The Facts on Australia’s Live Sheep Export Industry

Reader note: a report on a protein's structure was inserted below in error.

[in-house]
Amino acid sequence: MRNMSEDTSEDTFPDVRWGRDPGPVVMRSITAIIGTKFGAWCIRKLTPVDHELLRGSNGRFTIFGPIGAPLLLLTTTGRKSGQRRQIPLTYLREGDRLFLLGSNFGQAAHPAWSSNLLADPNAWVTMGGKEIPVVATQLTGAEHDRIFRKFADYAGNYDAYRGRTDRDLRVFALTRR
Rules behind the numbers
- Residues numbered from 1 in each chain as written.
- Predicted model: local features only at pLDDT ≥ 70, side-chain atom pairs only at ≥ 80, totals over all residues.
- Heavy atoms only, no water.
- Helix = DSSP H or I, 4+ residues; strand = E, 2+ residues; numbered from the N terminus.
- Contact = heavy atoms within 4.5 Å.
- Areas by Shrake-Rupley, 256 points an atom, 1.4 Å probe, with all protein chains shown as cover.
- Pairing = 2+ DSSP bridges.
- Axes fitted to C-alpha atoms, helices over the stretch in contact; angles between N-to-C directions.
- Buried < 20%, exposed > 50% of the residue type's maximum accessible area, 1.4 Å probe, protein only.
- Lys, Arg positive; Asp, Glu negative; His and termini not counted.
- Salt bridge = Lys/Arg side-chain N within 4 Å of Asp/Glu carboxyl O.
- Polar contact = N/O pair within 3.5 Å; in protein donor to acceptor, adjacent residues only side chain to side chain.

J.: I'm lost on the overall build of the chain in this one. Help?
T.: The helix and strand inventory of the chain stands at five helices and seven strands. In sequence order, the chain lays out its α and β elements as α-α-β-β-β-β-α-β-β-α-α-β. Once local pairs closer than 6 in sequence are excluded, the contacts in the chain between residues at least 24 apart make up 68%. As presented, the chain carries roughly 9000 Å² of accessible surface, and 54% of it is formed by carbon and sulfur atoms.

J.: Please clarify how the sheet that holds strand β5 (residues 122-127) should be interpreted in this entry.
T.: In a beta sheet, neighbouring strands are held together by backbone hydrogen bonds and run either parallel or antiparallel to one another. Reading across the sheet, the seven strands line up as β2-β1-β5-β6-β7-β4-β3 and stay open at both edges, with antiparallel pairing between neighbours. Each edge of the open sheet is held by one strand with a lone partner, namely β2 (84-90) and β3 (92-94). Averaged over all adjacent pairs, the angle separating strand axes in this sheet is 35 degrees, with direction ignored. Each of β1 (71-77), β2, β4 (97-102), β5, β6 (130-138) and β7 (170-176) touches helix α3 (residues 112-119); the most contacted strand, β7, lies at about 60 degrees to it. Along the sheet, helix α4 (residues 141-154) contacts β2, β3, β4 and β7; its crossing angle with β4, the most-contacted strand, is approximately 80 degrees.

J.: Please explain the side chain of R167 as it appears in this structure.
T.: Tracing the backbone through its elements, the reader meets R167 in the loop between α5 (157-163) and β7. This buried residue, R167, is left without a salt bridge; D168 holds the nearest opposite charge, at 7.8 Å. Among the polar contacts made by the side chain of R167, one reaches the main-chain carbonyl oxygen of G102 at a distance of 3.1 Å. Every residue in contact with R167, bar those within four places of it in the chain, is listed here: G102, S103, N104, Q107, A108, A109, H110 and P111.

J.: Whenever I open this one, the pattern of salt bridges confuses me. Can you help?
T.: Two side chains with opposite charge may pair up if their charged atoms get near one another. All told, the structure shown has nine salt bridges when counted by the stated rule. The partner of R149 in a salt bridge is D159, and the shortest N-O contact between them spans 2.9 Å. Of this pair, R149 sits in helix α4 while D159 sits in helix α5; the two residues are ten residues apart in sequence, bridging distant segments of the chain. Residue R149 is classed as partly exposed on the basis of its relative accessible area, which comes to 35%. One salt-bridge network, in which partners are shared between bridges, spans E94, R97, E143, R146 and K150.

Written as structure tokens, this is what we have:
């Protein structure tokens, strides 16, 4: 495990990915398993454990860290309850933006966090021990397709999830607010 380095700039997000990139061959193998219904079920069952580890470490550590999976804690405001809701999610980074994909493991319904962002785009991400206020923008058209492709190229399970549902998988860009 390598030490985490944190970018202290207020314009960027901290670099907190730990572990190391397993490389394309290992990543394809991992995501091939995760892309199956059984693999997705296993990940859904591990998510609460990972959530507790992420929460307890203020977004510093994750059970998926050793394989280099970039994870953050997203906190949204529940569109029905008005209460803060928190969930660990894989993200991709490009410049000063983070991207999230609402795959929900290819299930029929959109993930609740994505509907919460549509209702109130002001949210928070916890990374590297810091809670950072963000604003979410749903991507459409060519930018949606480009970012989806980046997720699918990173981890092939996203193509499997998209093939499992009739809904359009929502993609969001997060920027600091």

The live sheep export industry is an important industry to Australia, providing a vital market for sheep producers to sell their livestock to and underpinning the domestic sheep farming industry.The majority of sheep are exported from the port of Fremantle in Western Australia, with almost three quarters of Australian sheep exported from this port in 2009. Over 50% of sheep from the sheep production industry in Western Australia are exported live overseas, making the industry especially important to the Western Australian economy. Other ports that export live sheep include Portland and Port Adelaide.Australian sheep are exported to countries across the Middle East, primarily Kuwait, Saudi Arabia, Oman, Bahrain, Jordan, Qatar and the UAE. In 2009 over 3.5 million sheep were exported to these countries, with Kuwait taking 950,000 head and and Bahrain taking 747,000 head of sheep respectively. The number of sheep exported in 2009 represented a drop of 15% on the previous year, with demand for the live export of sheep far outstripping supply in the Australian sheep production industry last year. This has resulted in calls for the sheep farming industry to rebuild sheep flocks in the coming years.In 2009 the live export of sheep contributed A$323 million to the Australian economy.Australia also has a live cattle export industry and a live goat export industry, primarily exporting to countries throughout South East Asia. Indonesia is the primary market for the live cattle export industry, and Malaysia is the primary market for the live goat export industry. The live cattle export industry contributed A$662 million to the Australian economy in 2009, and the live goat export industry contributed A$11.5 million.Australia is also involved in the meat export industry, exporting chilled and frozen beef, sheep and goat meat products to countries across the world in addition to exporting livestock. This is because there is demand for red meat products as well as livestock from overseas countries, and Meat and Livestock Australia invests in promoting all of these products to consumers overseas.This is why arguments that Australia could cease supplying live sheep exports and replace them with sheep meat exports are not realistic. The two trades are complementary, and it is not as simple as replacing one trade with the other as they serve the needs of different consumers in Middle Eastern markets.Meat and Livestock Australia and LiveCorp invest heavily in improving the welfare of sheep, cattle and goats throughout the livestock export industry.This investment involves programs to improve the welfare of live sheep exports once they arrive in the Middle East. This includes employing a team of animal welfare experts that work with local veterinarians, stockmen, truck drivers, feedlot operators and port staff to improve how Australian sheep are cared for in the region.This team provides training courses to local workers, upgrades facilities and installs new equipment and infrastructure to improve the care of Australian sheep overseas.Highlights of this work in 2009 included the development of a sheep trolley, which assists local workers in the Middle East to move sheep humanely and efficiently. The trolleys have been distributed to each major importing country in the region and allow sheep to be comfortably wheeled from feedlots to processing facilities.It also included the installation of new port discharge facilities in Kuwait, which have ensured sheep are able to be unloaded in Shuwaikh Port safely and securely.This work has made a significant difference to the welfare of live sheep exports from Australia, and the live sheep export industry is committed to continuing to improve animal welfare in the countries we export to.

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